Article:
Many a night I have woken to the sound of crunching and am so none fussed about it now I roll over and go back to sleep. If we hear noises we will get out of bed to try to chase the cats outside with the animal intact. Other times there is a “look at me, look at me” flinging and rolling with the animal (dead) in the spa bath. Where the cat shows us the prey and then eventually the creature is left intact and we are left to clean up the mess.

We have watched as these cats over-estimate their abilities and their prey – the farmer has seen Frankie stalking a kangaroo (as if she was ever going to catch it) we have seen Gatsby jumping in the air to catch swooping birds as if they were going to fly into his mouth, Matilda has on a few occasions stalked the chooks when we use to let them out, the chooks are confined to their pen as the working dogs try to round them up and chase them till they die.

I don’t mind it during the day but in the middle of the night I could do with out it, you know when you have to get up early, you set your alarm and you wake almost hourly hoping you don’t miss it? That was last nigh t and I was back into sleeping when I could hear a growling, at first I asked the farmer to roll over as I thought he was snoring  loudly so he did but the noise got louder and I realized it was coming from his wardrobe.

Bloody Cats fighting in the wardrobe, so I spring out of bed, turn on the lounge room light so as not to blind myself or the farmer but to shine light on the area, open the door and see nothing, I move clothes around to see if I can catch them hiding but I see nothing, so I shut the doors, stoke the fire and as I go to turn off the light I see 3 cats casually walking around the lounge room, squinting at the light with the innocent look of no it wasn’t me, I glare at them as I go to back to bed, it’s 3am. I’m back sleeping when the slow and loud growling starts up again, this time I’m cross I jump out of bed, step on the remote control, stub my toe on a laundry basket I have left in the way, go out to the fire, pick up the poker and come back to the wardrobe and one by one open the doors and thrash it about (hoping I can collect one of these cats as I do it). I look to see Gatsby’s tail disappear out of the wardrobe and run around the corner to get away and Rita slowly slink out heading towards the door. I shut the wardrobe put the poker on the floor and go back to bed, I note it’s now 4am.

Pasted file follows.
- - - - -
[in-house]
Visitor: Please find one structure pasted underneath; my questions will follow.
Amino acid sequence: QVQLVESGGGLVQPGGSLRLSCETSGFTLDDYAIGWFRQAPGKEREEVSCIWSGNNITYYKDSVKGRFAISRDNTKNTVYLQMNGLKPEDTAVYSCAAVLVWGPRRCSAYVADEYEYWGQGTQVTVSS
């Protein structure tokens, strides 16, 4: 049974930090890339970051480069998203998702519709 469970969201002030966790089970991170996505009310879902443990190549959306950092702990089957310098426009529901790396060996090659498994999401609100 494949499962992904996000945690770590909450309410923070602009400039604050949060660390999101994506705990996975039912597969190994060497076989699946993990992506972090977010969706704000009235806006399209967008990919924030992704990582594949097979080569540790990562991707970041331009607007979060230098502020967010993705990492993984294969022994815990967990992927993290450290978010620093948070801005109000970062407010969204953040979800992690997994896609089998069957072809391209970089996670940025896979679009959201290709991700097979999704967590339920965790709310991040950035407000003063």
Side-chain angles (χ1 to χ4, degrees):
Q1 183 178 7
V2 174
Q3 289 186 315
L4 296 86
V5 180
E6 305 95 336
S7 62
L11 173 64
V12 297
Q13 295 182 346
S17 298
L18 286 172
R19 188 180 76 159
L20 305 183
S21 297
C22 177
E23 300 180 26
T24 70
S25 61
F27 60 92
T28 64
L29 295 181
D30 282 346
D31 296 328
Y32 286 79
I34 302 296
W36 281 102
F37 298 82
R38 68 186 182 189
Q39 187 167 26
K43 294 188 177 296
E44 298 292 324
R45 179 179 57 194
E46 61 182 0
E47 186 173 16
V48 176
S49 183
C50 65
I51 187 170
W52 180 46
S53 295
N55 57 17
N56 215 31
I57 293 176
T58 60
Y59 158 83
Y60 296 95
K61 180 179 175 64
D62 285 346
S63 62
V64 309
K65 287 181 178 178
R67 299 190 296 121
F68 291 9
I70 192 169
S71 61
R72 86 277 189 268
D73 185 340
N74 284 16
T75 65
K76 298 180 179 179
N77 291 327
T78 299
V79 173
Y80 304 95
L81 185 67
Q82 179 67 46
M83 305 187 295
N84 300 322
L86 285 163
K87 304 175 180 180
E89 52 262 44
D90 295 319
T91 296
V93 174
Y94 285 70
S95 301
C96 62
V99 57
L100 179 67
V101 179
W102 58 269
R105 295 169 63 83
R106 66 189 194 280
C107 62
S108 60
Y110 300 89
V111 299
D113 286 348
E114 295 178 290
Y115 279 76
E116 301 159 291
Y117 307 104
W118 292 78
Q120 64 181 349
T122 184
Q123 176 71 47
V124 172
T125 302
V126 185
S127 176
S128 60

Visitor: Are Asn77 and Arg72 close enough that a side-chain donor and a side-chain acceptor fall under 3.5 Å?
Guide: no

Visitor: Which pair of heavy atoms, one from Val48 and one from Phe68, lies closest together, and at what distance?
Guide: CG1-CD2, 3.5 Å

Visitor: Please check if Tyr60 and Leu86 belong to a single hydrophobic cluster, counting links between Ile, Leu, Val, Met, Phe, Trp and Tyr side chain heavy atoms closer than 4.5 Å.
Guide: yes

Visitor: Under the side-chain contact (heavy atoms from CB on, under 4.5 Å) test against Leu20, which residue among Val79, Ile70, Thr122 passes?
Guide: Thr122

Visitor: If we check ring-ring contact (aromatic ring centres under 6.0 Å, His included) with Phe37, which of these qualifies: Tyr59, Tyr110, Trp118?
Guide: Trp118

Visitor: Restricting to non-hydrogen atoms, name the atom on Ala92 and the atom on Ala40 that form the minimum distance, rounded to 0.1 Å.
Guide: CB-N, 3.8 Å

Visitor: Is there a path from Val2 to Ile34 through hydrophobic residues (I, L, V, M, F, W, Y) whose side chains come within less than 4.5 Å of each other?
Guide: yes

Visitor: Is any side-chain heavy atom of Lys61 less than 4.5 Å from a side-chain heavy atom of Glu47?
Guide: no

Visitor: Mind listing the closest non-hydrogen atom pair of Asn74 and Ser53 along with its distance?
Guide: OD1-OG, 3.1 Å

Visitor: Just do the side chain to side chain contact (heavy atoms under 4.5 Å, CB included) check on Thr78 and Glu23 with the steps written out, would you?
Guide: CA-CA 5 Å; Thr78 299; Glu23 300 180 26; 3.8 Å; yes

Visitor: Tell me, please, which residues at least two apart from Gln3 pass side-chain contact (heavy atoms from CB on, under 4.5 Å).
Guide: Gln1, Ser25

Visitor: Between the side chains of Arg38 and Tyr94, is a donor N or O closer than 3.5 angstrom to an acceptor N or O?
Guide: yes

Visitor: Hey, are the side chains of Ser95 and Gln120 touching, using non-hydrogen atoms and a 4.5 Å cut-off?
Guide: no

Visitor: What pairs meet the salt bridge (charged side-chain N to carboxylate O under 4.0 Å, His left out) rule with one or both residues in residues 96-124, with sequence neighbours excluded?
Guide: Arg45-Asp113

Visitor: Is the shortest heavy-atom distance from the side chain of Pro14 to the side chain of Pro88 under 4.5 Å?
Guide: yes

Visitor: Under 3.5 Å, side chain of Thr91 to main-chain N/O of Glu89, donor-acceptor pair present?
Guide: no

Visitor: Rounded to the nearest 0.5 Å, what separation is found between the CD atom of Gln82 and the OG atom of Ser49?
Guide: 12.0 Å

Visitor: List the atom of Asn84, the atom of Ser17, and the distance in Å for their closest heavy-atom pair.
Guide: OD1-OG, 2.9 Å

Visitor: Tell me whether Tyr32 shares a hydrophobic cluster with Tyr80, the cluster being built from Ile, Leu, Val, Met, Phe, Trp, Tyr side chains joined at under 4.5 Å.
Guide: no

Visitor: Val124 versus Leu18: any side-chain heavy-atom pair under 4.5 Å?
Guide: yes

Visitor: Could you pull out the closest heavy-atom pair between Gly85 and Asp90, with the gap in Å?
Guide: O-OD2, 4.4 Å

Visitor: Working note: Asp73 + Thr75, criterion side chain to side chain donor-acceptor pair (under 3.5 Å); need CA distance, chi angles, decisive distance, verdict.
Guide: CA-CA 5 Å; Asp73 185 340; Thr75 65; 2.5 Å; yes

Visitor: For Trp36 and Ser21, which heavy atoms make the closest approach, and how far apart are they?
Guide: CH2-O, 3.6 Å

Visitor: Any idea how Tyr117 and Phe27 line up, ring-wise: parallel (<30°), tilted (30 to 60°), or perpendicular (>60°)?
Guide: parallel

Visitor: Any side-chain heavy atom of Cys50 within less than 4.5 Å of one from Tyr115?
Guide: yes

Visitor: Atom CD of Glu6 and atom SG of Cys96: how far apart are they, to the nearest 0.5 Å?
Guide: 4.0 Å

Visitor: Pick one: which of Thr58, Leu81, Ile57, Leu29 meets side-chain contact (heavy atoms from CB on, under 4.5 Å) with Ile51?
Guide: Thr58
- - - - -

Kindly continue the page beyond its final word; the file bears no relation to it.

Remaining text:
Gatsby the only male

Gatsby the only male

Both of these cats go outside and as I drift back to sleep I become aware Gatsby is back in, he has jumped on my foot, shaken himself off as he is as wet as anything and flops down on my bed at my feet. When I do get up at 5am I note Matilda is standing by the wardrobe door, sniffing and I begin to think perhaps the other two were fighting over a late night slaughter. I didn’t have time to check before I left the house and I bet whatever it is will still be there when I get home this evening.

We have a spot I call slaughter corner, where some mornings we can wake up to find no evidence of the animal except a blood stained wall. We occasionally have a kidney or the bottom half of a mouse, if it’s a rabbit sometimes I get the entire gastrointestinal tract with pooh intact. Feathers of a bird are common and is the foot or tail of a rabbit. These can also be found out by the cat flap if they can’t carry it in or in the spa bath if we don’t hear them. Anything and everything is foul and I wish they would stop, once I asked the farmer “what’s with the green feathers in the corner?” without missing a beat he said “I didn’t like that grass parrot anyway!”

I occasionally say to birds, “You all need to live 1km away from the house as these cats will get you if you are closer. I feel exhausted before I even left the farm, getting home tonight will be a bit of a struggle, it is about 220km’s away.

3 cats on the car

3 cats on the car Rita on roof, Matilda in front of steering wheel & Frankie other side

Country Living

Life on the farm can be very satisfying if you live in the country as you get to become multi-skilled and multi adaptable. There are many circumstances where you need to be able to problem solve, there are so many aspects to farming life that are so rewarding and there are so many that are not.

I came onto the farm about 11 years wide-eyed and impressed by my now husband and the work that he has done and continues to do. The work was overwhelming, the animals were beautiful and frightening, I had never been up close to cattle, and loving lamb (as a meal) I never knew how much work animals are to get them from the paddock to the plate.